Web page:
A brief architecture overview of VMware ESX Server, Xen and Microsoft Windows Server Virtualization

Massimo Re Ferrè, IT Architect at IBM, just published on his personal blog a very interesting article providing an architectural overview of most popular hypervisors on the market: VMware ESX Server 3.0, Xen 3.0 and upcoming Microsoft Windows Server Virtualization (codename Viridian):

As you could see from these pictures VMware ESX implements what it is referred to as the “VMKernel” which is a bundle of hypervisor code along with the device driver modules used to support a given set of hardware. The size of the VMkernel is known to be in the range of some 200.000 lines of code or a few MBytes. On top of that there are a so called VMware Console OS that is in fact a sort of system virtual machine that is used to accomplish most administrative tasks such as providing a shell to access the VMkernel, the http and VirtualCenter services to administer the box. The Console OS is not typically used to support virtual machines workloads as everything is handled by the VMkernel.

On the other hand Viridian and Xen implement a different philosophy where the so called “Parent Partition” and “Dom0” play a different role than the Console OS. The hypervisor implementation in Viridian and Xen is much smaller than that in the ESX implementation and in fact it is in the range of some few thousands lines of code (vs the 200.000 of the VMKernel) or some KBytes (vs the MBytes of the VMKernel). However the Viridian/Xen implementation pretty heavily involves the usage of the Parent Partition / Dom0 as far as device drivers are concerned. In fact they are using these two entities to “proxy” I/O calls from the virtual machines to the physical world. On top of this proxy function of course the Parent Partition and Dom0 also provide higher level management functions similarly to the VMware Console OS. So in my opinion claiming that the Viridian / Xen hypervisor is “thinner” than the VMKernel is partially true since VMware decided (for their own convenience) to put stuff into the VMKernel that on the other solutions did not just evaporated… they are merely called differently and are included in different “locations”…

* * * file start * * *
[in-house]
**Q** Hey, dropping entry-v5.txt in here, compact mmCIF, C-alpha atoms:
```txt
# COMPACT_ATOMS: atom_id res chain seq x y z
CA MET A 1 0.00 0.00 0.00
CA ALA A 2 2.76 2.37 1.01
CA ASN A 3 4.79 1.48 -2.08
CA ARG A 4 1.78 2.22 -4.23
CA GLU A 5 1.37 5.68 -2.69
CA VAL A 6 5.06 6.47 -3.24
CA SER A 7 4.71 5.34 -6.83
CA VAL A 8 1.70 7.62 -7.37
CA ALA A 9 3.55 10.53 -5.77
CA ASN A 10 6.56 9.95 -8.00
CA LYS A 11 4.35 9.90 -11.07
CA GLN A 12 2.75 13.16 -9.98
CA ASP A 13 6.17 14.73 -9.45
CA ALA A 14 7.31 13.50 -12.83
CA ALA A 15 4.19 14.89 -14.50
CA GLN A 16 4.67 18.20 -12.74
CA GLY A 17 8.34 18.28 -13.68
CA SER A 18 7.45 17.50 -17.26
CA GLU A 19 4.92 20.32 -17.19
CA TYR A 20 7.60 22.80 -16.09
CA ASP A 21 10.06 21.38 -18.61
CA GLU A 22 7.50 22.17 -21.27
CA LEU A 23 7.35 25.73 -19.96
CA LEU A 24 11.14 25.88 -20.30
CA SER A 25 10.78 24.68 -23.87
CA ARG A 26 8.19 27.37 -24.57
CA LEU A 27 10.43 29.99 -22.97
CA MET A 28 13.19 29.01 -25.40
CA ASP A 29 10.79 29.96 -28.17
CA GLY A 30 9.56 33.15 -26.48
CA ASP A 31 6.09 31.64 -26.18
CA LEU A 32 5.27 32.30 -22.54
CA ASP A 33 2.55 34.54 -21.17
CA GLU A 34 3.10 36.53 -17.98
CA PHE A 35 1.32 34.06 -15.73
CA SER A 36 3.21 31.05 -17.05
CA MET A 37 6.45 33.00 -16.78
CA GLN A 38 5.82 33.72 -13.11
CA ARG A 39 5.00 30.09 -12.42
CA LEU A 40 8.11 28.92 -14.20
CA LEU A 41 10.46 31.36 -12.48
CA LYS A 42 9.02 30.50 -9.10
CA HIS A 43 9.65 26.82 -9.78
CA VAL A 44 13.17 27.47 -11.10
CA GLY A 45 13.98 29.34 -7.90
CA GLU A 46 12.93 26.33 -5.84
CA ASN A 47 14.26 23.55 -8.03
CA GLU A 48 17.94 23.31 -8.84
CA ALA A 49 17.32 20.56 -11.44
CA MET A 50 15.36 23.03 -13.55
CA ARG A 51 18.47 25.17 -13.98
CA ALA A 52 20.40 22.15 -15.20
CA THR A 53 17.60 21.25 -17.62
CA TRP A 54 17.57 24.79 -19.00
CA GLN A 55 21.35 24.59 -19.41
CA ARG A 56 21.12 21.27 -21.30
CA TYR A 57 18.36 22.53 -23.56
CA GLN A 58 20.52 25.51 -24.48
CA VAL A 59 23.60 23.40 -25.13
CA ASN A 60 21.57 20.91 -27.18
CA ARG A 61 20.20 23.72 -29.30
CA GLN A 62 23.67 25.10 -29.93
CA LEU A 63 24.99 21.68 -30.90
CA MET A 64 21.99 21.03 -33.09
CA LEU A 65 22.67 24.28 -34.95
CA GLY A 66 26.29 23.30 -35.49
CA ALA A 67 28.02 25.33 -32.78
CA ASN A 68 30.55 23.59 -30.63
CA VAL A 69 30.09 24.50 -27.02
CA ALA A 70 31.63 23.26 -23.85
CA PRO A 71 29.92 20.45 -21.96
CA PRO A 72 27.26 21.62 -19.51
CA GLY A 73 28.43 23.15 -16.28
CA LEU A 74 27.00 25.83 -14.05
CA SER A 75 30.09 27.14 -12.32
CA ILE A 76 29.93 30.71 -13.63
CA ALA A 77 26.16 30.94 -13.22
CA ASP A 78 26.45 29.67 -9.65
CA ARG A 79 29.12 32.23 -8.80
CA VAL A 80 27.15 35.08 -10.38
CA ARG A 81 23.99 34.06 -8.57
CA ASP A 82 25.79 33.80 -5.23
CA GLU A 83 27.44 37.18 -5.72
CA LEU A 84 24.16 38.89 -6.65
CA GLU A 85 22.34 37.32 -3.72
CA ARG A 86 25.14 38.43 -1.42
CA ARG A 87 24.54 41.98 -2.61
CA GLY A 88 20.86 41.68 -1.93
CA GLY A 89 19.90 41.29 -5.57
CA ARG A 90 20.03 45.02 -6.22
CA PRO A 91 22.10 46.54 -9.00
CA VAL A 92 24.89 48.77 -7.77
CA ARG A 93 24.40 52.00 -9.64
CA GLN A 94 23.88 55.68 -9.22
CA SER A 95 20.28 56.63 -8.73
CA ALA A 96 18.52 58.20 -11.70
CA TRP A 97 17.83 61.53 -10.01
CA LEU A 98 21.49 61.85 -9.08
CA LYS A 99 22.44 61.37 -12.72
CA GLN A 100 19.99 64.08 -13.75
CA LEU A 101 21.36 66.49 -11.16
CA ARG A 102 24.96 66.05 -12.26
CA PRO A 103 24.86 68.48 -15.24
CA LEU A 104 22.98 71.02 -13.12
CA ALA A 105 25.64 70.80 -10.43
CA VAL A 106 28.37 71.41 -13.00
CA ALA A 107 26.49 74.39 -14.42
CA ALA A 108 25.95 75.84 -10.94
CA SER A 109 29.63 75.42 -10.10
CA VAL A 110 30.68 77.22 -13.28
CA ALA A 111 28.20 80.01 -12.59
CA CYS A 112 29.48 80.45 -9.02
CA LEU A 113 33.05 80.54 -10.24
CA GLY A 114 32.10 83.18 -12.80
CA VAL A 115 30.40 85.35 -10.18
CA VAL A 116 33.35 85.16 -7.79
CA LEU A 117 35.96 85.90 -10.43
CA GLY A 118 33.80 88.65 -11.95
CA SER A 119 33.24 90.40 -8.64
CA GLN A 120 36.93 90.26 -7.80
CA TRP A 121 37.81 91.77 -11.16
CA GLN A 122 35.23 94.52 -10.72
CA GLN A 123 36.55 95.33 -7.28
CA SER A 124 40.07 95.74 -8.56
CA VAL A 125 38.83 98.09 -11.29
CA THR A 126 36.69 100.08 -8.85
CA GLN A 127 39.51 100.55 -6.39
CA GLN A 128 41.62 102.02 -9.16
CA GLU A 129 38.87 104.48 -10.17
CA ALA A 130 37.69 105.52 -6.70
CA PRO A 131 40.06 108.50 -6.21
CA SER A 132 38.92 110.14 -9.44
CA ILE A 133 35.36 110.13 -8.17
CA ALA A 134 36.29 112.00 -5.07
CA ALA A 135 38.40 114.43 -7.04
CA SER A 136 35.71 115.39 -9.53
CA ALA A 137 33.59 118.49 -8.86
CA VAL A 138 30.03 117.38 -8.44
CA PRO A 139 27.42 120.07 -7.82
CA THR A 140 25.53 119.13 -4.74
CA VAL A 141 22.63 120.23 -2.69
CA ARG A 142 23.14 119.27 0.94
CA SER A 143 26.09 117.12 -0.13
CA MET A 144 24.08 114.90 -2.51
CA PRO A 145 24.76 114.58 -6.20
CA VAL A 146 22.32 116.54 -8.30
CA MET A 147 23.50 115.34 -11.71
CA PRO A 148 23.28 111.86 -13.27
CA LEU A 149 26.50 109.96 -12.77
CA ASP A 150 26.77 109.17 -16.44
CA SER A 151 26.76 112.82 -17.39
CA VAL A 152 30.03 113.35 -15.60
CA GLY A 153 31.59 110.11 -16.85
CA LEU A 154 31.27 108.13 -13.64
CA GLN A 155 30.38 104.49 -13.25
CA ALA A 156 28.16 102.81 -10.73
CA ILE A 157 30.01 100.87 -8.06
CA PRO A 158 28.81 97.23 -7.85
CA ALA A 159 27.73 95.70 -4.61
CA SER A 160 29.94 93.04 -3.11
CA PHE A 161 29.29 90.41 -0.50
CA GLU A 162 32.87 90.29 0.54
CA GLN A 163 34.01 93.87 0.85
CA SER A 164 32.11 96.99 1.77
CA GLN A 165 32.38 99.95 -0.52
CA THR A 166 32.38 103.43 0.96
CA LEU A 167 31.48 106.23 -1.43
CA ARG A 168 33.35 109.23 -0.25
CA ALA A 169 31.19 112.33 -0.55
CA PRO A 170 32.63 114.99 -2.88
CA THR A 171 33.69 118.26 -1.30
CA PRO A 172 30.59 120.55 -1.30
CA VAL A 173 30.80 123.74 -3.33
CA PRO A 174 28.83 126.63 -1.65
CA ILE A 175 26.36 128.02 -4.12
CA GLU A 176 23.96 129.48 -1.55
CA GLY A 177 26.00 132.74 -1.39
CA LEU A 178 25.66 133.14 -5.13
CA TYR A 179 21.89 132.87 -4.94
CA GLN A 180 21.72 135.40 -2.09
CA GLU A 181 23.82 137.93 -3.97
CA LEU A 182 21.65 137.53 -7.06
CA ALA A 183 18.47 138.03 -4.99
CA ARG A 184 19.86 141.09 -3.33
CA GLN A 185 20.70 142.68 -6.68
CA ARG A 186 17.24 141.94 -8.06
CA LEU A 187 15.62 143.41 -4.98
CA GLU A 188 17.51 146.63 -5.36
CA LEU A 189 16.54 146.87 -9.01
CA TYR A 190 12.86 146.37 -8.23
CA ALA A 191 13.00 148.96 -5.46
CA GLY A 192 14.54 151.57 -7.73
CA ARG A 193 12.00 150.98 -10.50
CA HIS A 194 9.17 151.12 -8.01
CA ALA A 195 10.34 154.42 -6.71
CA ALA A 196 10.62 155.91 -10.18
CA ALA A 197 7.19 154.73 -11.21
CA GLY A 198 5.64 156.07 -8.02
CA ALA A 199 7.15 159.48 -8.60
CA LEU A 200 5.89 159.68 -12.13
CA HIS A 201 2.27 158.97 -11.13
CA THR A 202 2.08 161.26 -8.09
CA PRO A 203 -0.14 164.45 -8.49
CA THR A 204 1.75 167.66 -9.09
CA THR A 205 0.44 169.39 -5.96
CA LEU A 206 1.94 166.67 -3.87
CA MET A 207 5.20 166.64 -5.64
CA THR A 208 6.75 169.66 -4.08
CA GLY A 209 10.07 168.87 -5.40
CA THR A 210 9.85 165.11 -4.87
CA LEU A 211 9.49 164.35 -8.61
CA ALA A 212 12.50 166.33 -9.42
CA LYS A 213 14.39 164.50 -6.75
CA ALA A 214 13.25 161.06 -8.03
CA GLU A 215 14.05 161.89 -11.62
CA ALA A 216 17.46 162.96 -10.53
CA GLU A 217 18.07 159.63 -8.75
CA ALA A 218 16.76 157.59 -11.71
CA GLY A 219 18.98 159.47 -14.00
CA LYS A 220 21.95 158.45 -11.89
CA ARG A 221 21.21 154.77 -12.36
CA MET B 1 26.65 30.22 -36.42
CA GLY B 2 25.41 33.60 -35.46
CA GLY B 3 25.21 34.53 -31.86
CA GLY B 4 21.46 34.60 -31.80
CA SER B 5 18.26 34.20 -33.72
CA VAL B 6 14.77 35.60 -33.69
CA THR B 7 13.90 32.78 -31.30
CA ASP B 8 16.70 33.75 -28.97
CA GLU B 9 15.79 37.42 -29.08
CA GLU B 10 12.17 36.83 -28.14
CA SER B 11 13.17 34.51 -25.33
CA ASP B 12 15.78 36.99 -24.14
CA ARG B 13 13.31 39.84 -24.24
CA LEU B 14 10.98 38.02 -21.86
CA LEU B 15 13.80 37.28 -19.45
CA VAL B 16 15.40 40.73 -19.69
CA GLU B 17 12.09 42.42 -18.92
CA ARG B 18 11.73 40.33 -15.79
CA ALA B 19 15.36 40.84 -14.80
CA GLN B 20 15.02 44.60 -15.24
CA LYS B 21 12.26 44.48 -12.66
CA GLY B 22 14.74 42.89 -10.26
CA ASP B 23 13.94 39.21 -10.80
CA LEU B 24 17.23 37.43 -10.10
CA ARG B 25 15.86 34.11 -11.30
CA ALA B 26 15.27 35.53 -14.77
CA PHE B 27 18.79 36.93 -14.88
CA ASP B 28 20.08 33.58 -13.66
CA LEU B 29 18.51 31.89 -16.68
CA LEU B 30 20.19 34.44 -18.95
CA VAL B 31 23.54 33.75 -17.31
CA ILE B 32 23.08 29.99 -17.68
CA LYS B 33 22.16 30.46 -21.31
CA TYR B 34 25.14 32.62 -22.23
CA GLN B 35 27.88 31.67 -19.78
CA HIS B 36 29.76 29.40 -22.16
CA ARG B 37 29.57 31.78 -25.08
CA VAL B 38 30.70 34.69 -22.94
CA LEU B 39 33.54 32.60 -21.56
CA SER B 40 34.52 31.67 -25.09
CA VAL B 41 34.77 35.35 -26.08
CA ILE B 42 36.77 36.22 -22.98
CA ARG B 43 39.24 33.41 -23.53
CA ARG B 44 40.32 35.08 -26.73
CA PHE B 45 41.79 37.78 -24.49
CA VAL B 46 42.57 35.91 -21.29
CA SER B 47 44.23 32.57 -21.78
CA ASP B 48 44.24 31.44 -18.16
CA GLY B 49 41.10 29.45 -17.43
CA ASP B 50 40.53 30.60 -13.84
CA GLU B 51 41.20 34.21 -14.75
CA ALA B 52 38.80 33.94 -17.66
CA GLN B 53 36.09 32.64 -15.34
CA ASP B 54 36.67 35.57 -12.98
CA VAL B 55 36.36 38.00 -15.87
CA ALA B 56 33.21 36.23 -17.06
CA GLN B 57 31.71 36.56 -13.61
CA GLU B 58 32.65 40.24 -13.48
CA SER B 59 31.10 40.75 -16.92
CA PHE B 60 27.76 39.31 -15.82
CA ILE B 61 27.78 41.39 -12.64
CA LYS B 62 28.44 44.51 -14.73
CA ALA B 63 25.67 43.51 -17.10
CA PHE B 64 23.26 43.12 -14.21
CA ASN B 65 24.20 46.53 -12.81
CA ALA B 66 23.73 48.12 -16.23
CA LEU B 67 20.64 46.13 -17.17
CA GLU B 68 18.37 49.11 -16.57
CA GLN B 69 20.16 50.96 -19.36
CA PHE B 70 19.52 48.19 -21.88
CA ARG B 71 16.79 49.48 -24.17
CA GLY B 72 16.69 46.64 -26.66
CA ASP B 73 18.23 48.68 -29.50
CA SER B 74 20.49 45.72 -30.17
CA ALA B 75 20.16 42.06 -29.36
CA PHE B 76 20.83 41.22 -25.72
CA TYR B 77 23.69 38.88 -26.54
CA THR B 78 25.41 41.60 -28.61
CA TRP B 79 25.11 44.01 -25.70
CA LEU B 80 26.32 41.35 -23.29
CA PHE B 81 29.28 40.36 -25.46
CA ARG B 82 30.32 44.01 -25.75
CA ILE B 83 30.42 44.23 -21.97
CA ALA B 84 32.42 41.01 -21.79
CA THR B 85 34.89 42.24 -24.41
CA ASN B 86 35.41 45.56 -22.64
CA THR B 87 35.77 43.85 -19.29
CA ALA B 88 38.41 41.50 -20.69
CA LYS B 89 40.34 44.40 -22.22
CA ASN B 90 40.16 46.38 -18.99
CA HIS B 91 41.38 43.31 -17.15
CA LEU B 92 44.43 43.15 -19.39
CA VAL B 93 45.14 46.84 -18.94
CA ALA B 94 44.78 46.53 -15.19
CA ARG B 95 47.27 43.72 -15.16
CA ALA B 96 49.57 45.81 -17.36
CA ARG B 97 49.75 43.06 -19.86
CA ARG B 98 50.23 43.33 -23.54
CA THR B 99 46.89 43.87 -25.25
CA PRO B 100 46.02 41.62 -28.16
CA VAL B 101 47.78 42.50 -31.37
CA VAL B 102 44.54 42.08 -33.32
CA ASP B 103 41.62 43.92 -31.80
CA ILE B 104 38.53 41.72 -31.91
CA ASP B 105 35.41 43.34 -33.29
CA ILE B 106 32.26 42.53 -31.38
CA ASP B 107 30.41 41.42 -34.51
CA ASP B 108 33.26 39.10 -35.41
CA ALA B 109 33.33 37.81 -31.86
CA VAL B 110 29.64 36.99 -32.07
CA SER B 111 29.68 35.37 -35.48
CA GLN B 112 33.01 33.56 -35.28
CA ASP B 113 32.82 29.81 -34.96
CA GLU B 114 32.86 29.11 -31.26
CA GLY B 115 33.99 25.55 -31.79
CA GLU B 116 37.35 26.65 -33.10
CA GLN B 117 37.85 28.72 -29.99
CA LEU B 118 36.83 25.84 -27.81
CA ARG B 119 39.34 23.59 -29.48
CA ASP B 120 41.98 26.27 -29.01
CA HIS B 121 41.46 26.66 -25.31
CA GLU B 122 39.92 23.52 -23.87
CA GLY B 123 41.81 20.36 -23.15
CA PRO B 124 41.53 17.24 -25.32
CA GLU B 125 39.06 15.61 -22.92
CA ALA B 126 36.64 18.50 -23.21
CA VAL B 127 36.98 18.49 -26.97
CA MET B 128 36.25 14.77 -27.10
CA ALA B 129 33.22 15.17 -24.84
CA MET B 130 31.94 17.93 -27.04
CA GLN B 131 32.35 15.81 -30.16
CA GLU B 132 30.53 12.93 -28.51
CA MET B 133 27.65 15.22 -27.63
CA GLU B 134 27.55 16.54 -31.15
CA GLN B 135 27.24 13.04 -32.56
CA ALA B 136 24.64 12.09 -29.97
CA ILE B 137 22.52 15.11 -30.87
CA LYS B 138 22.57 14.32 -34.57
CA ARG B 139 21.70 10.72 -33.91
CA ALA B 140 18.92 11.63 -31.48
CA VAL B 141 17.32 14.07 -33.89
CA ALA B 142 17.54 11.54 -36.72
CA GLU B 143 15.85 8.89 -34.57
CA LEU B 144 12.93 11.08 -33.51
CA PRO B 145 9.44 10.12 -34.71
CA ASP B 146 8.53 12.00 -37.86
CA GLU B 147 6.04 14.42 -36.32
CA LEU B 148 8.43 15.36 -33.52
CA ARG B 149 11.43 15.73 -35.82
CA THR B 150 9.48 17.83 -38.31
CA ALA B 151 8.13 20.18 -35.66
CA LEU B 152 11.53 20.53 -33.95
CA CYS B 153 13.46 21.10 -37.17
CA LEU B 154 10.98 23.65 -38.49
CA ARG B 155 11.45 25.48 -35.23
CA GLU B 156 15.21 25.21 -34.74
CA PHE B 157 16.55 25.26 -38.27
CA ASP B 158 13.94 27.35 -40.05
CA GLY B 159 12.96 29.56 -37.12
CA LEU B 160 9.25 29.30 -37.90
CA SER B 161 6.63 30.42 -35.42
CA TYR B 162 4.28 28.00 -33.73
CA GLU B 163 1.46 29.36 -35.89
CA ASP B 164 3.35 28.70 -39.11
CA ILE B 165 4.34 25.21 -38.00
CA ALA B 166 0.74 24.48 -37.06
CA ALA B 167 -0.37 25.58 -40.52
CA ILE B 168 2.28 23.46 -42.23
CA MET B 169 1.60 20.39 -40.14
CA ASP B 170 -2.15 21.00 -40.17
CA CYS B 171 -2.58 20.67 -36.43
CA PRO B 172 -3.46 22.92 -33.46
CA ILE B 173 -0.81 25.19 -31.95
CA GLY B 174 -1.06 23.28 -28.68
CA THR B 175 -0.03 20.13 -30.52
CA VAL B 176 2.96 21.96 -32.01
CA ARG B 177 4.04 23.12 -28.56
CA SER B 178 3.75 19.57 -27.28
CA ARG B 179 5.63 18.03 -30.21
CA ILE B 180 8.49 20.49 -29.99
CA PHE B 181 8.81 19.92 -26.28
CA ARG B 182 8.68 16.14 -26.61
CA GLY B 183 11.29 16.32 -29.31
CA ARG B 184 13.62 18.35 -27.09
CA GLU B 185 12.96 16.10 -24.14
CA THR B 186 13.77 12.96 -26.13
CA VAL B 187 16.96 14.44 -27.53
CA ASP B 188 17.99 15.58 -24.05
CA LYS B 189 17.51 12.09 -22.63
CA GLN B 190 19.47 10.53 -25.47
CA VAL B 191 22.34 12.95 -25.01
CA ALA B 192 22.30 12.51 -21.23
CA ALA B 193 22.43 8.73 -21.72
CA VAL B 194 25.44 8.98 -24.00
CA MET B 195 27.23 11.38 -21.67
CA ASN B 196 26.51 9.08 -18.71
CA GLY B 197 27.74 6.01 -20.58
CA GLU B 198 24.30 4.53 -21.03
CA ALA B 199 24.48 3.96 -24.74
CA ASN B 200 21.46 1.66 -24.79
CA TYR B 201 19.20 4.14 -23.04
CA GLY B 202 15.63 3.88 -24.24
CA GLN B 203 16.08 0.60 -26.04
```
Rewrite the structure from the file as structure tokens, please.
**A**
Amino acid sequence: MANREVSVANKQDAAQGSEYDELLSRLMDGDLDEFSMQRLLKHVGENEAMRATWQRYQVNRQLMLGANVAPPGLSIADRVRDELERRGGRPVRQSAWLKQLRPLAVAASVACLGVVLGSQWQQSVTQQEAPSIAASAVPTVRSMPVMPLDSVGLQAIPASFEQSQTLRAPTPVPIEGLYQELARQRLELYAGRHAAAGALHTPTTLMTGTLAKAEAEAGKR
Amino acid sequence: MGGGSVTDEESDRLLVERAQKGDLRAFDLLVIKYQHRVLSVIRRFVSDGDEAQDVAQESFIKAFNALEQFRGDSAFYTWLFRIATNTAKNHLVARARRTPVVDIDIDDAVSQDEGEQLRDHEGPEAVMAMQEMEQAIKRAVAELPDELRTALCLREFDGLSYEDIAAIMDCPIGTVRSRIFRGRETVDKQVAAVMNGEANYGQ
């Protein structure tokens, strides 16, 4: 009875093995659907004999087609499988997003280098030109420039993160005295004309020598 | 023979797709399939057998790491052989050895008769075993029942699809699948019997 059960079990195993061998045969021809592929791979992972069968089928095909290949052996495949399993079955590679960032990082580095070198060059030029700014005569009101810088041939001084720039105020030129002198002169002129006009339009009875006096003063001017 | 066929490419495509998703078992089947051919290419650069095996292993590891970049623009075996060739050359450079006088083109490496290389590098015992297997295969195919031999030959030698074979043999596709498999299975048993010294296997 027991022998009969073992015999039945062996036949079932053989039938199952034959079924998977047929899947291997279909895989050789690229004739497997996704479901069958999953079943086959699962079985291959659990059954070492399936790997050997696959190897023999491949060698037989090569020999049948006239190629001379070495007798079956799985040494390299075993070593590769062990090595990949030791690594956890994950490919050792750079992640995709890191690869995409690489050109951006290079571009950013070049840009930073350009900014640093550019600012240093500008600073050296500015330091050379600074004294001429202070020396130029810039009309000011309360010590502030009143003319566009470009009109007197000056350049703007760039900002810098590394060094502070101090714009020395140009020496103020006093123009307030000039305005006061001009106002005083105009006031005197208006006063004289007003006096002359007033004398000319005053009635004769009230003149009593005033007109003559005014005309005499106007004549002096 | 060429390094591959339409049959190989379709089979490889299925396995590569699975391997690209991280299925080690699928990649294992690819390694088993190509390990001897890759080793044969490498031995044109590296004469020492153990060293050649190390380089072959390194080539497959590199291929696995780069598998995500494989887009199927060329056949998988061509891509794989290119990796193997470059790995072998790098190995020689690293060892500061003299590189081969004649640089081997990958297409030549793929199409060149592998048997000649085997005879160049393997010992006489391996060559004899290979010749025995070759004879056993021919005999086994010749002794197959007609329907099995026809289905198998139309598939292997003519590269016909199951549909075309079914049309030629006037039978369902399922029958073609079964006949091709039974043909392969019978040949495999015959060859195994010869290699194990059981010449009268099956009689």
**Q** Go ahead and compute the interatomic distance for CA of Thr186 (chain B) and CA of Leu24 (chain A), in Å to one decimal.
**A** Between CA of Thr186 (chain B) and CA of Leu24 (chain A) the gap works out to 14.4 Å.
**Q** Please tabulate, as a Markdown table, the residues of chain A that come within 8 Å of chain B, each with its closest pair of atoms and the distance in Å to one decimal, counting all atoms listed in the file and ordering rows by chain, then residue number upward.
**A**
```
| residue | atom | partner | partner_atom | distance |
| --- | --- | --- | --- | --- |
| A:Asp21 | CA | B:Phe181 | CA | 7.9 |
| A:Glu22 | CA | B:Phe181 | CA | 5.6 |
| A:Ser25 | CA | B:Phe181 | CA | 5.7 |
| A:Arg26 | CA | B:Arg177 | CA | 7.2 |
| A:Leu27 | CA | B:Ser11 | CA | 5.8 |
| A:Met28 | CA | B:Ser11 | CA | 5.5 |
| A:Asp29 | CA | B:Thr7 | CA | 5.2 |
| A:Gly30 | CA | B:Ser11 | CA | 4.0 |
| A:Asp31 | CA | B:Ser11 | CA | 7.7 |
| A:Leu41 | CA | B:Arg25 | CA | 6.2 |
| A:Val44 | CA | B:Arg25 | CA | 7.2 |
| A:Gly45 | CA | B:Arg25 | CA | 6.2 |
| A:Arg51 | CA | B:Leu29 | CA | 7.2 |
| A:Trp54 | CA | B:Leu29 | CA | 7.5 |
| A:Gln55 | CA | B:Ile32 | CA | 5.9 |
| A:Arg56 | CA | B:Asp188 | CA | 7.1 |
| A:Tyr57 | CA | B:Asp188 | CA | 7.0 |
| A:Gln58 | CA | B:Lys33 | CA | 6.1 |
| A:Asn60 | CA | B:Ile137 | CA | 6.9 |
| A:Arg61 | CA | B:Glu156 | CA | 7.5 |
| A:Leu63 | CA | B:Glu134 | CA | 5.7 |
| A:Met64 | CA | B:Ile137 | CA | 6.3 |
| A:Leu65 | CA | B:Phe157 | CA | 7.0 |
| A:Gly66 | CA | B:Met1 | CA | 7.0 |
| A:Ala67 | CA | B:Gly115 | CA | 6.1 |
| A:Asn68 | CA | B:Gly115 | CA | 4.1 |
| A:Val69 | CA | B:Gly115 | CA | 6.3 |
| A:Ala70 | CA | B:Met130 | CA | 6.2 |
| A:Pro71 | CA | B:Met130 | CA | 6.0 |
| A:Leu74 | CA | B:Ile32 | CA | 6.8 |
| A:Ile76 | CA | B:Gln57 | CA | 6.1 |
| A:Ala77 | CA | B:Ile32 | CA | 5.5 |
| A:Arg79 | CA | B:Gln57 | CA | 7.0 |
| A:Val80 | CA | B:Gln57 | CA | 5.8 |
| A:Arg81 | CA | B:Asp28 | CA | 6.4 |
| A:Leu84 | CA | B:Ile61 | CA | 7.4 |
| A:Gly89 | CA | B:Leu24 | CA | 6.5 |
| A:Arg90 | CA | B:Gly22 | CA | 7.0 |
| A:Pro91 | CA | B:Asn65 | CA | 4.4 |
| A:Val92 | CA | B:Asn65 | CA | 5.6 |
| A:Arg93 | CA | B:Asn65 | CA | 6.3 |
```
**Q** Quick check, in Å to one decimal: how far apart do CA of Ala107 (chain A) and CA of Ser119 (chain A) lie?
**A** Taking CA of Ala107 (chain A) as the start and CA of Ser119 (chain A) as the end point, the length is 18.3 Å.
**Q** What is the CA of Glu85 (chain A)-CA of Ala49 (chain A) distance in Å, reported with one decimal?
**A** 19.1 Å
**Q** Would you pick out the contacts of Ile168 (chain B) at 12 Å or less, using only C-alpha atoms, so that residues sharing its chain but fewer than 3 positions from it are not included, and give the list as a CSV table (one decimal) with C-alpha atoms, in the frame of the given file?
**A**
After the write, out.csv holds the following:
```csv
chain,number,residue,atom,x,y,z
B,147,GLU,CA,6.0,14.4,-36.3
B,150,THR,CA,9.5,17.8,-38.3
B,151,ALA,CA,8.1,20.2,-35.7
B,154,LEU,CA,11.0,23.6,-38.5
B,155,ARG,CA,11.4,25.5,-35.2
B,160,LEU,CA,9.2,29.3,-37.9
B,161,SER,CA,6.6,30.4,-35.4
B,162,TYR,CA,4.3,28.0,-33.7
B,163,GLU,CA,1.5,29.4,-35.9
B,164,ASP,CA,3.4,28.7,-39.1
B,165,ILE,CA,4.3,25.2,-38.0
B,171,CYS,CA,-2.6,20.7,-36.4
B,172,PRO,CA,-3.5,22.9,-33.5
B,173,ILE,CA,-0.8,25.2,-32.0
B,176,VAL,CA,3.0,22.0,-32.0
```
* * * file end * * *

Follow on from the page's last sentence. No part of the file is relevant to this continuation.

Read the whole article at source.